Home Industry News Economics USMCA Dispute Panel Again Fails to Defend U.S. Dairy Trade Rights

USMCA Dispute Panel Again Fails to Defend U.S. Dairy Trade Rights

In a surprising setback for U.S. dairy, the U.S.-Mexico-Canada Agreement (USMCA) dispute settlement panel upheld Canada’s manipulative dairy quota administration practices, leaving U.S. dairy exporters struggling to realize the market access granted in the trade agreement. Despite the tireless efforts of the U.S. government team, this ruling reflects a glaring failure to safeguard the most fundamental rights outlined in the USMCA.

In this second dispute initiated by the Office of the U.S. Trade Representative (USTR) under USMCA regarding Canada’s administration of its dairy tariff-rate quotas (TRQs), the United States refined and expanded its 2021 claims that Canada is not meeting its dairy TRQ administration commitments under the agreement. In the first dispute, Canada was challenged by the previous USMCA panel over the minimum percentages of quota the government was allocating to Canadian processors. In response, Canada immediately updated its rules resulting in even higher quantities of quota being allocated directly to Canadian processors. The United States consequently initiated this second dispute under the agreement, arguing that Canada unfairly limits quota access; that quota allocations are calculated in a manner that favors Canadian processors; that requirements are imposed on quota applicants that intentionally disadvantage importers; and that Canada’s reallocation procedures prevent quotas from filling. The panel report on November 24th disagreed with all U.S. claims.

Michael Dykes, D.V.M, president and CEO of the International Dairy Foods Association (IDFA), issued the following statement:

“First and foremost, IDFA commends the hard work of the U.S. government team that worked on this dispute; the outcome of this dispute is not an indication of the government’s efforts in this particular matter. Yet, we are completely stunned and deeply disappointed by this panel’s failure to defend even the most basic rights outlined in USMCA. This outcome sadly confirms what the U.S. dairy community and U.S. negotiators collectively feared from the outset of USMCA negotiations — that Canada’s supply management system is so imbalanced and so far outside a rules-based and free market trading system that no existing set of rules is comprehensive enough to effectively curb its distortive impacts.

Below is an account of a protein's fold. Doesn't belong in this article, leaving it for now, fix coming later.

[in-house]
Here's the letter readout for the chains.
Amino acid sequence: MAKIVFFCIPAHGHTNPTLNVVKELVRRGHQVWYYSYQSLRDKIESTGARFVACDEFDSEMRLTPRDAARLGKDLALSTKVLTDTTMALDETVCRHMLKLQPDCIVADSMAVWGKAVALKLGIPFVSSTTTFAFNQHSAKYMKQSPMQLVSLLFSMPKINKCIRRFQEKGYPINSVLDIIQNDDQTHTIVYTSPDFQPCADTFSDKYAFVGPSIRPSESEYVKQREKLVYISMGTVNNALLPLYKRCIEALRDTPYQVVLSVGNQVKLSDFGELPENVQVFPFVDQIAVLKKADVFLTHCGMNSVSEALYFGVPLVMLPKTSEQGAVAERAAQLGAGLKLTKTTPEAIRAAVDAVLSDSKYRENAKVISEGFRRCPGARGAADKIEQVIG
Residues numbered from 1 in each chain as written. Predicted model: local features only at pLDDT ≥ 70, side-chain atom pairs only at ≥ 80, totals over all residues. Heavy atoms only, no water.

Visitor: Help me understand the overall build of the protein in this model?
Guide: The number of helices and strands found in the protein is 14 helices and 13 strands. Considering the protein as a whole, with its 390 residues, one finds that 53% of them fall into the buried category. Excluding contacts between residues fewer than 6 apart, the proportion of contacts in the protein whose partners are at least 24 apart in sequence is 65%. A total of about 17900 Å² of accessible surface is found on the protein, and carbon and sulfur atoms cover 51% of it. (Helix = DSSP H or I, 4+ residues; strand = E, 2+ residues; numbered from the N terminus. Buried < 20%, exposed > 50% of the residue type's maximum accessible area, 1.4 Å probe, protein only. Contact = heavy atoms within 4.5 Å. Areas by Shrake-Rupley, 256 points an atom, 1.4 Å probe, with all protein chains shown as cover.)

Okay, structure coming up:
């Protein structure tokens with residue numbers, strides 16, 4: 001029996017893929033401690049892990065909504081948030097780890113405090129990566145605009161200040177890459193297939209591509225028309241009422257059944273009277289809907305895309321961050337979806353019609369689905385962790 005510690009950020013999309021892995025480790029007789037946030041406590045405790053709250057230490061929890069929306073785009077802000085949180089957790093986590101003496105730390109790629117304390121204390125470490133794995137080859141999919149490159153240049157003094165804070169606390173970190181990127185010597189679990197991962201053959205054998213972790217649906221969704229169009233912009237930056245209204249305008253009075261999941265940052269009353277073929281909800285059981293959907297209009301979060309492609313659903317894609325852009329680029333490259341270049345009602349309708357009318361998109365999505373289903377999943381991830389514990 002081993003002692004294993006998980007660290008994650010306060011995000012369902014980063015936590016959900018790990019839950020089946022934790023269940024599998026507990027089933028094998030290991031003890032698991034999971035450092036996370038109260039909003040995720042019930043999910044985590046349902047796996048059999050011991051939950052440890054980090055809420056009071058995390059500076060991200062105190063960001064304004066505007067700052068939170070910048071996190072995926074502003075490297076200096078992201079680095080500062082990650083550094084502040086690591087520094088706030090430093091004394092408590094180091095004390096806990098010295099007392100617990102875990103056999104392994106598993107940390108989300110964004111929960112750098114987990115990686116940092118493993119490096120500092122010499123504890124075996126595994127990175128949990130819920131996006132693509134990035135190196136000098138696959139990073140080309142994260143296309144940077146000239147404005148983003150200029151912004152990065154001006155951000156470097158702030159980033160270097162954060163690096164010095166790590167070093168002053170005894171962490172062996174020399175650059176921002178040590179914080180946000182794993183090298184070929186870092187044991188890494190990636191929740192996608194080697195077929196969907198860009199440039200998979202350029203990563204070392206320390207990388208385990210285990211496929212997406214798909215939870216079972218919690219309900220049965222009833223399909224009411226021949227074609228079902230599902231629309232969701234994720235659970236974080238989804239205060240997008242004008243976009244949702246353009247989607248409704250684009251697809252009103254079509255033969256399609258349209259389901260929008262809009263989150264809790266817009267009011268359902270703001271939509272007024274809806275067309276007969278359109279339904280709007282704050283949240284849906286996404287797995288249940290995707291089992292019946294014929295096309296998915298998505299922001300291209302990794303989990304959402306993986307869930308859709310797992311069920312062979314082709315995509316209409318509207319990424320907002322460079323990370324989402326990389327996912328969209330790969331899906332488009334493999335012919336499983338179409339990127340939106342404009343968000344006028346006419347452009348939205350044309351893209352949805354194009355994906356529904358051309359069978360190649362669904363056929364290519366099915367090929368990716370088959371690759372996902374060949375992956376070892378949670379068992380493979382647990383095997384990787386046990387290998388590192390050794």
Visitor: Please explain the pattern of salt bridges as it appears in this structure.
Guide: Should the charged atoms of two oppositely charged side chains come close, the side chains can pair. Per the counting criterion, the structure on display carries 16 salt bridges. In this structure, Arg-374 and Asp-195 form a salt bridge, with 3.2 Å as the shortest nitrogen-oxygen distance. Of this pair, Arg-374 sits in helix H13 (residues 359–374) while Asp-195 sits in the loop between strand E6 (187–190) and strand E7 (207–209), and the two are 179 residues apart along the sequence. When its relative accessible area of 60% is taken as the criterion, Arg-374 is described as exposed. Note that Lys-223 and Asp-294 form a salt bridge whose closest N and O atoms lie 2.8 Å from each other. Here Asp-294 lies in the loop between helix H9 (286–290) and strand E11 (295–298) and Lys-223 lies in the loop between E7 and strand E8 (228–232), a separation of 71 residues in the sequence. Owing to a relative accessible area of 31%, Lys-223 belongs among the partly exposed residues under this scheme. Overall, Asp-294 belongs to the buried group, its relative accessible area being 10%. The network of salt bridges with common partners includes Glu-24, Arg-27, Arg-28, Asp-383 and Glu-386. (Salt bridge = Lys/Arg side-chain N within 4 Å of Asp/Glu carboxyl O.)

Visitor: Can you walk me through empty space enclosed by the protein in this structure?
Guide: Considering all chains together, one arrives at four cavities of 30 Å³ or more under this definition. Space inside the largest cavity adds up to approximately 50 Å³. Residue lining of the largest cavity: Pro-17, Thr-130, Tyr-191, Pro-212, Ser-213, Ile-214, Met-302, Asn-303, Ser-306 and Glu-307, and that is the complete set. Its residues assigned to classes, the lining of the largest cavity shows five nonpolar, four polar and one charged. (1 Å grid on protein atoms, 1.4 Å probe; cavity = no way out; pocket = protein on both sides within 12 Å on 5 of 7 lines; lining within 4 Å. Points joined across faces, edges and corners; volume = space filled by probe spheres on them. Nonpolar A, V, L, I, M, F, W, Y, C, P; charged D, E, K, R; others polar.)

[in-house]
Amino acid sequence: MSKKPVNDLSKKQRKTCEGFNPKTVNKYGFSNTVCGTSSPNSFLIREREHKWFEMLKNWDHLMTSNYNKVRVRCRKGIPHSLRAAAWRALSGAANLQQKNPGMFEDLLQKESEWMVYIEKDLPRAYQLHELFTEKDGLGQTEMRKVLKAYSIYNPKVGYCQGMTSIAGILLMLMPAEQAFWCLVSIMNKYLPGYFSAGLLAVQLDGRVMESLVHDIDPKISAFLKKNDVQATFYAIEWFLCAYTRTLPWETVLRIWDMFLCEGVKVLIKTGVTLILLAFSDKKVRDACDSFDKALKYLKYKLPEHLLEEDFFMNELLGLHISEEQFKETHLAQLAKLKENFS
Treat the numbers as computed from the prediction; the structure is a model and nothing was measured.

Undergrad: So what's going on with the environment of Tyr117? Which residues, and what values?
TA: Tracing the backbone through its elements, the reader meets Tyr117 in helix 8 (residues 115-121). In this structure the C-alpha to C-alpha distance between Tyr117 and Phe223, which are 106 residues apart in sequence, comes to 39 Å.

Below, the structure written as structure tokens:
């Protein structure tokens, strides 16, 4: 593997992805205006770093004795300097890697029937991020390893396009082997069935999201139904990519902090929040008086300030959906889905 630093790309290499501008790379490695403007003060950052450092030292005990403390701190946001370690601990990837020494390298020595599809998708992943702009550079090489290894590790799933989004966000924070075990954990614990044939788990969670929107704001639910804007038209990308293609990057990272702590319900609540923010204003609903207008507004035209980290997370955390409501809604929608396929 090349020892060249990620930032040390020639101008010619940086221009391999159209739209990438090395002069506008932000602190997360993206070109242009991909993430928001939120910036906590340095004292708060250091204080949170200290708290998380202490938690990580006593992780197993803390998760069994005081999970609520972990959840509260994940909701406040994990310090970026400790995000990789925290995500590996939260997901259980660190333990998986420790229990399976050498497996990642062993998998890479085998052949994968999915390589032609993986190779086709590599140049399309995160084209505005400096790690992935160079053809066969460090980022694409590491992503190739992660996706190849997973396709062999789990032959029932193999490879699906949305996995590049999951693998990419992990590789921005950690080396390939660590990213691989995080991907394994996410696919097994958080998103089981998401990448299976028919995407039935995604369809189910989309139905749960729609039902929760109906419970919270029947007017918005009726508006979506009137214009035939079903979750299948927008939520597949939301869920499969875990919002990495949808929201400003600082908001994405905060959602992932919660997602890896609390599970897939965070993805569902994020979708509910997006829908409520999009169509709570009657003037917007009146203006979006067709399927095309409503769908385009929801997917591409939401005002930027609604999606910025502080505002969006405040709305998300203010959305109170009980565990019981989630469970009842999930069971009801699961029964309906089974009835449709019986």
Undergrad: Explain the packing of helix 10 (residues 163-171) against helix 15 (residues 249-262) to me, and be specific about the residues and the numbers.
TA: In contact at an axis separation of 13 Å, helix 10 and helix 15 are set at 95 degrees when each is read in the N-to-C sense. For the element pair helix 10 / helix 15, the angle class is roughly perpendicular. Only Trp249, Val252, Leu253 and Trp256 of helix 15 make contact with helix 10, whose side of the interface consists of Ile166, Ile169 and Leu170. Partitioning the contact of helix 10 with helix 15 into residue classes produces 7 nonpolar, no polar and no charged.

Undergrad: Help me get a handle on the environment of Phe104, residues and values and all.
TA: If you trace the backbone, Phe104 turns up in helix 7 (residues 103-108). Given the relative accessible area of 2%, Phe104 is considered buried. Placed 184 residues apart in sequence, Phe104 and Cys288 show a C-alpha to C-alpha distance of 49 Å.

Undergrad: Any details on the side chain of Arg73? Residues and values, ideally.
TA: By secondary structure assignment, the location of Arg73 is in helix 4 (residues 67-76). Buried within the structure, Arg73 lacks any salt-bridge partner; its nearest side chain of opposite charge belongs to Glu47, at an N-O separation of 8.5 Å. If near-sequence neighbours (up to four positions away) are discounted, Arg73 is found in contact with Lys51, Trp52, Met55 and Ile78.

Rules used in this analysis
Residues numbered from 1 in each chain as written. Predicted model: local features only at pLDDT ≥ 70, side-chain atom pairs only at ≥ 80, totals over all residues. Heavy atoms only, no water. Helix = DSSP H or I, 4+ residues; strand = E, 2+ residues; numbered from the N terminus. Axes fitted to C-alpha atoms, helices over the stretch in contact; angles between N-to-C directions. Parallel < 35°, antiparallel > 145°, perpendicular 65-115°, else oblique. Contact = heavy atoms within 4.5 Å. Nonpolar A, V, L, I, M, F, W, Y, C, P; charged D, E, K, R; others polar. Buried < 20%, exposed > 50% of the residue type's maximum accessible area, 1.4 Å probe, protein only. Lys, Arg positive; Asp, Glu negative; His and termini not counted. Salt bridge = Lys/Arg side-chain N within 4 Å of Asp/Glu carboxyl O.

“With the outcome of this second USMCA dairy dispute, IDFA joins the growing number of business leaders urging the Biden-Harris Administration to urgently reset its trade policy agenda. Against the backdrop of escalating global conflicts and food insecurity, it is imperative that the United States advance new negotiations that dismantle distortions undermining rules-based trade. It is time to re-establish the United States as a global leader in negotiating preferential trade agreements with unwavering commitments.

“IDFA remains committed to a rules-based, free-market trading system that promotes fair competition, transparency, and global cooperation. IDFA will continue to pursue accountability for Canada’s opaque market distortions that seek to substitute imports while cross-subsidizing their own exports and continue to seek enforcement of the rules-based, free-market values to which Canada allegedly committed.”

Krysta Harden, President and CEO of USDEC added, “By allowing Canada to ignore its USMCA obligations, this ruling has unfortunately set a dangerous and damaging precedent. We do however want to express our appreciation for allies in Congress and the Administration for their efforts and commitment to fighting for U.S. dairy. This is unfortunately not the only shortcoming in Canada’s compliance with its international commitments. We are committed to working with USTR and USDA to evaluate efforts to address Canada’s continued harmful actions that depress dairy imports while simultaneously evading USMCA’s dairy export disciplines.”

“It is profoundly disappointing that the dispute settlement panel has ruled in favor of obstruction of trade rather than trade facilitation,” said Jim Mulhern, president and CEO of NMPF. “Despite this independent panel’s adverse ruling, we’d like to thank the Biden Administration and the many members of Congress who supported us for their tireless pursuit of justice for America’s dairy sector. We urge Ambassador Tai and Secretary Vilsack to look at all available options to ensure that Canada stops playing games and respects what was negotiated.”

Despite the United States exporting more than $1 billion in dairy products to Canada in 2022, making it the second largest market for U.S. dairy exports, U.S. dairy exporters were unable to fill any Canadian dairy quotas granted in the USMCA. The average tariff fill rate was only 42% across all 2022/2023 quotas, with 9 of the 14 TRQs falling below half the negotiated value for the same period.

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